Royal Botanic Gardens Cranbourne has a world-class reputation and this extends to their pruning methods. A prime example is the Seaside Gardens, a breath-takingly ornamental setting that celebrates Australia’s coastal plains. Lining the large body of still water are melaleuca trees, pruned using the Bonsai Technique.

‘An iconic element of the coast is that breeze and that prevailing wind that shapes and leans plants over, because of the salt spray,’ says John. ‘We’ve shaped, pruned and clipped to capture that look and feel… It miniaturises and almost abstracts nature.’

The technique begins as a formative prune, overseen by Nursery Team Leader Mandy Thomson. Mandy and the team plant seedlings at a 45 degree angle, then use secateurs to prune them to a couple of leaders, which encourages lateral growth. As the melaleucas grow, they keep this shape and become woodier. Eventually, they’re added to the tree line in the Seaside Garden.


It’s important to remove dead wood, especially in public places where overhanging branches can fall onto paths and cause obstructions, or pose a hazard to visitors. Not only that, they can attract unwanted pests and diseases.

When dead-wooding, it’s tempting to get rid of absolutely everything, but that can give you a staged look. The trick is to find a happy medium, in line with the objectives of the garden you care for.

Says Arboriculture Manager Charlie Carroll: ‘We try address a balance between people’s safety, fire loading, ecological concerns, and then the aesthetic look of the tree. We will leave as much as we can, within reason.’

Garden systems and processes

Maintenance calendar

The management calendar is key to the care of any garden collection, especially larger ones. With over 360 hectares including 10km of walking tracks, how do Royal Botanic Gardens schedule their tree maintenance?

‘There’s an overall program we run with an inventory of all the trees and tasks that need to be done. That’s the programmed work,’ says Charlie Carroll. ‘Then there’s always unprogrammed work – especially after storm events, there’s clean-up. It’s a combination of programmed pruning that comes from knowing your tree stock and what needs to happen to it, and then that reactive stuff after you get an event.’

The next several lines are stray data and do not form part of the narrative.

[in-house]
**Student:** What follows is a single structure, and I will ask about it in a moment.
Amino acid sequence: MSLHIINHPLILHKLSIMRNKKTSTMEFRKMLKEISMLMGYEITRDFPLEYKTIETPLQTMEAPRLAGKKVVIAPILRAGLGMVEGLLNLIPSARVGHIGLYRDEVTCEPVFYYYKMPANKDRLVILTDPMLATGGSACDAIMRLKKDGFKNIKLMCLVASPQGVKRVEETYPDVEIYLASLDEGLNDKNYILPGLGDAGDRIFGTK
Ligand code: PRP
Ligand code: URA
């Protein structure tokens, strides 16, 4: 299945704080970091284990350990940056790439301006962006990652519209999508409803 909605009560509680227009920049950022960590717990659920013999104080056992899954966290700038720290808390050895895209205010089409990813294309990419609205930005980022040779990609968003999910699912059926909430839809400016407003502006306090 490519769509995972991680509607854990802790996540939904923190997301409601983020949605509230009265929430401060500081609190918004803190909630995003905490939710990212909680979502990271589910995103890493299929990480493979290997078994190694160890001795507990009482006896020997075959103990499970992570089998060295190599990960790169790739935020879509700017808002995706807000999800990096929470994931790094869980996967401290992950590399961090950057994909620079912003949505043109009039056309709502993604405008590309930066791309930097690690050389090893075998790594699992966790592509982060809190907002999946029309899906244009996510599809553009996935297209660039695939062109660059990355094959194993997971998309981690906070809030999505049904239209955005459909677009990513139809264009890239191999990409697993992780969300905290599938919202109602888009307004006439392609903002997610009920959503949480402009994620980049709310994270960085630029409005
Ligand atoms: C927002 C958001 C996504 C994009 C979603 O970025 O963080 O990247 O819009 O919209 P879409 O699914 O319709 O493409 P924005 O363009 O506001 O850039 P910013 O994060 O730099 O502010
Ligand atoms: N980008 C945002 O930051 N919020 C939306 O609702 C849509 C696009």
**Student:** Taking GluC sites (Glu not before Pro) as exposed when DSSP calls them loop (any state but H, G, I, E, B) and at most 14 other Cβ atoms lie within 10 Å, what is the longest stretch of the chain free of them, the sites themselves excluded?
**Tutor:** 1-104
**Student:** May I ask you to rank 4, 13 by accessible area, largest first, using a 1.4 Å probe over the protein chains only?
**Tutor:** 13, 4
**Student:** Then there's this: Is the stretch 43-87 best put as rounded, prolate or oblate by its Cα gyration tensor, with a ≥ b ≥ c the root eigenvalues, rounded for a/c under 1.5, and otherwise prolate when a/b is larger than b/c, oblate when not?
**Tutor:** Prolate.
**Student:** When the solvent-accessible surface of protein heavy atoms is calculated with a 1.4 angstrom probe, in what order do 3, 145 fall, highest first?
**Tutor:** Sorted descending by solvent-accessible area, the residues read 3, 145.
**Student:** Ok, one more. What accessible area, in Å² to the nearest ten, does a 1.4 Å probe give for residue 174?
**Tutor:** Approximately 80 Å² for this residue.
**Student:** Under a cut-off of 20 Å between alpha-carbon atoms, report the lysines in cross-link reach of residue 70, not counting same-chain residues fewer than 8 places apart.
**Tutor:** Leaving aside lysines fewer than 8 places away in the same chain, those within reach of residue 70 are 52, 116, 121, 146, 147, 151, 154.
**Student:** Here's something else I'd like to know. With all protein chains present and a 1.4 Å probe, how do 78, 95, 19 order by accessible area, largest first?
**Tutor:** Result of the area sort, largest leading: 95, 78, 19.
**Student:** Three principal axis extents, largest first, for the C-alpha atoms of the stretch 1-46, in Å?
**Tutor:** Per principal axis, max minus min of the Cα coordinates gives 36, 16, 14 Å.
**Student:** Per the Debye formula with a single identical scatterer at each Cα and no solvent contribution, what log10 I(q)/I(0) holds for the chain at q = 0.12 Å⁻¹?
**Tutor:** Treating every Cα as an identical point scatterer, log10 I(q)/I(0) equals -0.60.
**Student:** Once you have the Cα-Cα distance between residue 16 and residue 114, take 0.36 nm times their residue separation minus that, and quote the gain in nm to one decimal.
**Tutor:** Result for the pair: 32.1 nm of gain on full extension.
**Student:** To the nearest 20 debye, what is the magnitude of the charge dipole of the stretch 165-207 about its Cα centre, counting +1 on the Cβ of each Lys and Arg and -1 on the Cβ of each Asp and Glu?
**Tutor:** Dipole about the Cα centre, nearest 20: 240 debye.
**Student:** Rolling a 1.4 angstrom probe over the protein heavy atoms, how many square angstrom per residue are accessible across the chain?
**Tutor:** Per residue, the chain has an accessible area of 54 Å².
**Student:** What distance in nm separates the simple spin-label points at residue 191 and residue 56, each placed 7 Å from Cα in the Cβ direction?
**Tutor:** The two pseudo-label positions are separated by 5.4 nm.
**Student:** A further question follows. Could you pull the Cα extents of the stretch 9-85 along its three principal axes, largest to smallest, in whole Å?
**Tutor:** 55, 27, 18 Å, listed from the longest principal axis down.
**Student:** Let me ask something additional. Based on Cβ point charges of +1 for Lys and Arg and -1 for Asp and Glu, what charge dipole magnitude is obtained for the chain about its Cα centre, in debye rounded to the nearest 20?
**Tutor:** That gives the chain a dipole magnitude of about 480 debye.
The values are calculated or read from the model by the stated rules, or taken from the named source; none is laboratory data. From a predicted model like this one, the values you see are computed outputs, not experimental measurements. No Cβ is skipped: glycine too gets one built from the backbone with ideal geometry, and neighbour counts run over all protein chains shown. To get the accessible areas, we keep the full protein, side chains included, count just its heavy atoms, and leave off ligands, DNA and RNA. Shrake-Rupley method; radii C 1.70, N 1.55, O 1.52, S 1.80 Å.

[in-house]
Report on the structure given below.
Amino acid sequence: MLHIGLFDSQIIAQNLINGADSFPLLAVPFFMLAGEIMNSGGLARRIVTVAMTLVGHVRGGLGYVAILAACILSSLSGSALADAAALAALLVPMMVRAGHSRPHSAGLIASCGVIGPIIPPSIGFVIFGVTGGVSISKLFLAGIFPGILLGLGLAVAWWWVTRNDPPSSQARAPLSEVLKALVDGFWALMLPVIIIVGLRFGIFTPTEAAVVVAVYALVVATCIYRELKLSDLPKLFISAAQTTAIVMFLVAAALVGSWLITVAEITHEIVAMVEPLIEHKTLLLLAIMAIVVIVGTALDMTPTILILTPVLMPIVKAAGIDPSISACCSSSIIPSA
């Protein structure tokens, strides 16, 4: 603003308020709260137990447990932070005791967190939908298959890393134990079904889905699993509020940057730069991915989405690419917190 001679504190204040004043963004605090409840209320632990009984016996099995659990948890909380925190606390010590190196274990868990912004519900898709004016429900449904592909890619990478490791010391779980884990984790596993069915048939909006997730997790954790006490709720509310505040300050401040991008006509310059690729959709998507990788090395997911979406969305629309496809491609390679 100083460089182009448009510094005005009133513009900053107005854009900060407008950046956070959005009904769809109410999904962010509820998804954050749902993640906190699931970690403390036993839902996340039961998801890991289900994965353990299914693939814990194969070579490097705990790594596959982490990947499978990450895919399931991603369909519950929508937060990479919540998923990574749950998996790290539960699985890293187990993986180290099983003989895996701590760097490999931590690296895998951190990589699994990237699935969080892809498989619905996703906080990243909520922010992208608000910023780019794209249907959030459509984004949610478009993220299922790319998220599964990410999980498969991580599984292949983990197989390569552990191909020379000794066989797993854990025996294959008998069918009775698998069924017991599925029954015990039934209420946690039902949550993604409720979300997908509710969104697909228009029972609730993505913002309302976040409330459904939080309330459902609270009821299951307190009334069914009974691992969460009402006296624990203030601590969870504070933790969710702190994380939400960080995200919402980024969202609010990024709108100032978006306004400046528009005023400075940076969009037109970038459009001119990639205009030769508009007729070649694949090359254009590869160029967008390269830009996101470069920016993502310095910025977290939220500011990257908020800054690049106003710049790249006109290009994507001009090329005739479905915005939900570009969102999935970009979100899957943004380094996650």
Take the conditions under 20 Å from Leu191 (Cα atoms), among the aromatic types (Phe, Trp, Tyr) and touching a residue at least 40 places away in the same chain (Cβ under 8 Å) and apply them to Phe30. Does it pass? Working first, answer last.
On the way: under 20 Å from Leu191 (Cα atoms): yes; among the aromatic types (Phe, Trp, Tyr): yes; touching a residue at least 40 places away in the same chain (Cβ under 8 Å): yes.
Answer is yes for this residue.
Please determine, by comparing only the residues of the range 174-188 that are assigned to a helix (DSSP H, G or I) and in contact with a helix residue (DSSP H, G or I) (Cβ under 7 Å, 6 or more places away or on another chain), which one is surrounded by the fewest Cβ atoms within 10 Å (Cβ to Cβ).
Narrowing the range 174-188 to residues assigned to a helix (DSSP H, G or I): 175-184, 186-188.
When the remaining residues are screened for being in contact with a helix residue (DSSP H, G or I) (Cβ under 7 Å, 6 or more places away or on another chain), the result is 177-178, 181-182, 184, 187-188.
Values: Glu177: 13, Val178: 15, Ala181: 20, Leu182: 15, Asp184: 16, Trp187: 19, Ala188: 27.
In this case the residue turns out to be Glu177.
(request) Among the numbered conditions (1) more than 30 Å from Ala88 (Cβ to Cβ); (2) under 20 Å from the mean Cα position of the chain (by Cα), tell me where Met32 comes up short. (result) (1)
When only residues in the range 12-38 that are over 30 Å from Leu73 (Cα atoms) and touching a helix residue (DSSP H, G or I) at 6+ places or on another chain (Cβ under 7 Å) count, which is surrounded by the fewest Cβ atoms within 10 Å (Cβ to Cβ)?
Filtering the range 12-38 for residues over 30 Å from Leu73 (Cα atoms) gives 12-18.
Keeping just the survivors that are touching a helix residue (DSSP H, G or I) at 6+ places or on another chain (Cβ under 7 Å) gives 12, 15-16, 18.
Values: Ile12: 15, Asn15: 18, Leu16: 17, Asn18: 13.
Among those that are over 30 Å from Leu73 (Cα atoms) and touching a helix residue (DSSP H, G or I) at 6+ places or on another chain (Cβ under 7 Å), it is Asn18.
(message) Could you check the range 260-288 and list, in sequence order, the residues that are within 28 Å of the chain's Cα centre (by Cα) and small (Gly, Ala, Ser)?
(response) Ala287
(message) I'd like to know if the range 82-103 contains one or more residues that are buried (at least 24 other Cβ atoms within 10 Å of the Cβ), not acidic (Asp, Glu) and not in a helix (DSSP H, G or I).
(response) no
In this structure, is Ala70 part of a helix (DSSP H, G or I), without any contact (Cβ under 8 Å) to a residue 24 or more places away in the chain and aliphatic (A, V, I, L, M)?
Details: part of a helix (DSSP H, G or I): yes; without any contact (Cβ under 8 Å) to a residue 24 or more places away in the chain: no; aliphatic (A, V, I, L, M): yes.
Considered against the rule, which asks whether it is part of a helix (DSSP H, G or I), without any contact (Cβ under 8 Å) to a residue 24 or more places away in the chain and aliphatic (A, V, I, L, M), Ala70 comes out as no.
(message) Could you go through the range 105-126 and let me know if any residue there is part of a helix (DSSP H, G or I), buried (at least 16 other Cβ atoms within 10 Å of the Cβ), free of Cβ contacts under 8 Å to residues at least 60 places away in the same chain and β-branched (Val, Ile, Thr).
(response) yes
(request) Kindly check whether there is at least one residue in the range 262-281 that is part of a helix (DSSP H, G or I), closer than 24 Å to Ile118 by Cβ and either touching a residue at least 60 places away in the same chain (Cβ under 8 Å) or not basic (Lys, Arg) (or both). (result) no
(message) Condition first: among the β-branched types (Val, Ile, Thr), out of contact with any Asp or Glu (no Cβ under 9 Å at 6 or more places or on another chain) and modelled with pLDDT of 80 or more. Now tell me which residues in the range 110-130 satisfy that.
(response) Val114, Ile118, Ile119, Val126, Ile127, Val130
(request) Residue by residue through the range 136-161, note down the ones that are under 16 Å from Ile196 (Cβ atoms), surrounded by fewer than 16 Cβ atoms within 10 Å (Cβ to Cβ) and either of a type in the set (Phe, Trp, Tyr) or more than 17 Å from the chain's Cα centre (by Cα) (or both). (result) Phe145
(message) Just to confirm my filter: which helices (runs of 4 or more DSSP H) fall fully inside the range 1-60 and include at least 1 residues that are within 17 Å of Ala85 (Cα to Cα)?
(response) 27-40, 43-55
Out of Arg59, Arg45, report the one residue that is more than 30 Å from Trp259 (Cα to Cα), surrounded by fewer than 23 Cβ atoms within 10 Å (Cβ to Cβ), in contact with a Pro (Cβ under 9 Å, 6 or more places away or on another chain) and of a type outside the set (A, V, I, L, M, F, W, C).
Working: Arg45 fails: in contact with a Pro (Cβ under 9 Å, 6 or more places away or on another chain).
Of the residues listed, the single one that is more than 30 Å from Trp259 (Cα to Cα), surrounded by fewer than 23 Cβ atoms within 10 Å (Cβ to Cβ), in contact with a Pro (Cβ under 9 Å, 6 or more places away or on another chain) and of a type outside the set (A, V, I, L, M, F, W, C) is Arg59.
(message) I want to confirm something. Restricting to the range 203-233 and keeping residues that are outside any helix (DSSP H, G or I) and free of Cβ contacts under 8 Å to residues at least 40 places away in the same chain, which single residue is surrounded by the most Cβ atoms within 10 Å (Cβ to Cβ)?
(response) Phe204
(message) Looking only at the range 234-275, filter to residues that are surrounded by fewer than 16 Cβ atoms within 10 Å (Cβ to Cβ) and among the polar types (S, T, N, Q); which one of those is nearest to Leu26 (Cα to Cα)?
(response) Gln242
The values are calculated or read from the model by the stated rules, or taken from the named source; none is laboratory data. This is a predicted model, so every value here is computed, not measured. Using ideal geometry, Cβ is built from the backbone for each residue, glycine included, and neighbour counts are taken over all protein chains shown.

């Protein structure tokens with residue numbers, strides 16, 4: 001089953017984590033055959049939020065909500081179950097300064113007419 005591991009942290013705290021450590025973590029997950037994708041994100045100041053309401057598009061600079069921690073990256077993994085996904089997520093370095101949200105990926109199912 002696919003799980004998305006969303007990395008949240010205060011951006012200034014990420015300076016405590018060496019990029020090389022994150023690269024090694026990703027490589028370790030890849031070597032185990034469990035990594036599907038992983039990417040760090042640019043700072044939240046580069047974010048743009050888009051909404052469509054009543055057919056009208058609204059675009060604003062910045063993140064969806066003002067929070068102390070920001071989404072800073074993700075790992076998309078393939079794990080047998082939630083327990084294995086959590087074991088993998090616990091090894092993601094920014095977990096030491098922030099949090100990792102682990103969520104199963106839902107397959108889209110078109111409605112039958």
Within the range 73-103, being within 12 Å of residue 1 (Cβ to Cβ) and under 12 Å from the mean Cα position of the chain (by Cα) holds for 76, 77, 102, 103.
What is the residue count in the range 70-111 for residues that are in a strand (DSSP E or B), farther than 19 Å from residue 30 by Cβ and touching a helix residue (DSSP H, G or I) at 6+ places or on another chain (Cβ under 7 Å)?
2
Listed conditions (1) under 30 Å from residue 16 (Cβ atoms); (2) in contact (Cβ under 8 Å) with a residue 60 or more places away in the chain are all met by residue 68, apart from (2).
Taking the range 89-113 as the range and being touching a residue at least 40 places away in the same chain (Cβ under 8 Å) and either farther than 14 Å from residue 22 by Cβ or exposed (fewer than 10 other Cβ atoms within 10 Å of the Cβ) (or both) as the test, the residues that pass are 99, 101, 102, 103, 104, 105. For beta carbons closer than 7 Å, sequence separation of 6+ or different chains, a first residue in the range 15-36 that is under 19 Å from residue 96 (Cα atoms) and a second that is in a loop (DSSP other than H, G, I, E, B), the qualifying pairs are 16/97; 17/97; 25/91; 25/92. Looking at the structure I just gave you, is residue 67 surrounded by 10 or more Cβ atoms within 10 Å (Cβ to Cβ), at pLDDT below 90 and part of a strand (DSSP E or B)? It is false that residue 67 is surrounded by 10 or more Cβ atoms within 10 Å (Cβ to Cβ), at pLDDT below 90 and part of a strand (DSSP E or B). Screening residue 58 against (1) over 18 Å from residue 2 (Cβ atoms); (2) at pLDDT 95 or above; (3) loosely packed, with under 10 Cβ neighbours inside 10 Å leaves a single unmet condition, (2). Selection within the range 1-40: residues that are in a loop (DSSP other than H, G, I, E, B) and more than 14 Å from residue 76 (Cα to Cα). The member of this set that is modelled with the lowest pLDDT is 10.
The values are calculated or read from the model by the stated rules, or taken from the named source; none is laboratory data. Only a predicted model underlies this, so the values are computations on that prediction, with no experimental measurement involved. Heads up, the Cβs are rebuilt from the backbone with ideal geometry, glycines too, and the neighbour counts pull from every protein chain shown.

Tree maintenance tools

The horticulture, arboriculture and nursery teams at the Gardens use everything from secateurs, loppers and hand saws through to chainsaws of all varieties and sizes. The tools used by these professionals is shifting with the evolution of new technologies.

‘We’ve gone battery at the gardens almost exclusively, until we absolutely need something bigger in cases where we’re doing removals or larger work,’ says Charlie Carroll. ‘They’ve revolutionised the industry because they’re lighter; they’re very precise – almost surgical.’

The lighter weight of battery tools carries more than one benefit for arborists. Not only is it easier on the body (reducing fatigue), but battery chainsaws don’t require a drop start, which is not ideal when they’re up a tree. ‘The STIHL MSA 161 T has changed my climbing life, you can’t beat it,’ says Charlie.

Paired with this chainsaw and others is the AP 200 battery, an upgrade on the AP 300. This makes the overall tool weight lighter, reducing fatigue and enhancing operator comfort over long periods of use.

Another key benefit of battery chainsaws is that they don’t spill fuel, which can erode climbing ropes. It’s why – when a petrol saw is required – Charlie likes to use STIHL BioPlus Chain and Bar Oil. ‘It’s biodegradable so if it spills, it’s a little gentler on the environment.’

When working from the ground, the team at the Royal Botanic Gardens Cranbourne use STIHL pole pruners. These provide longer reach for tasks that still require some height, while allowing for reduced effort (as the team do not have to climb the tree).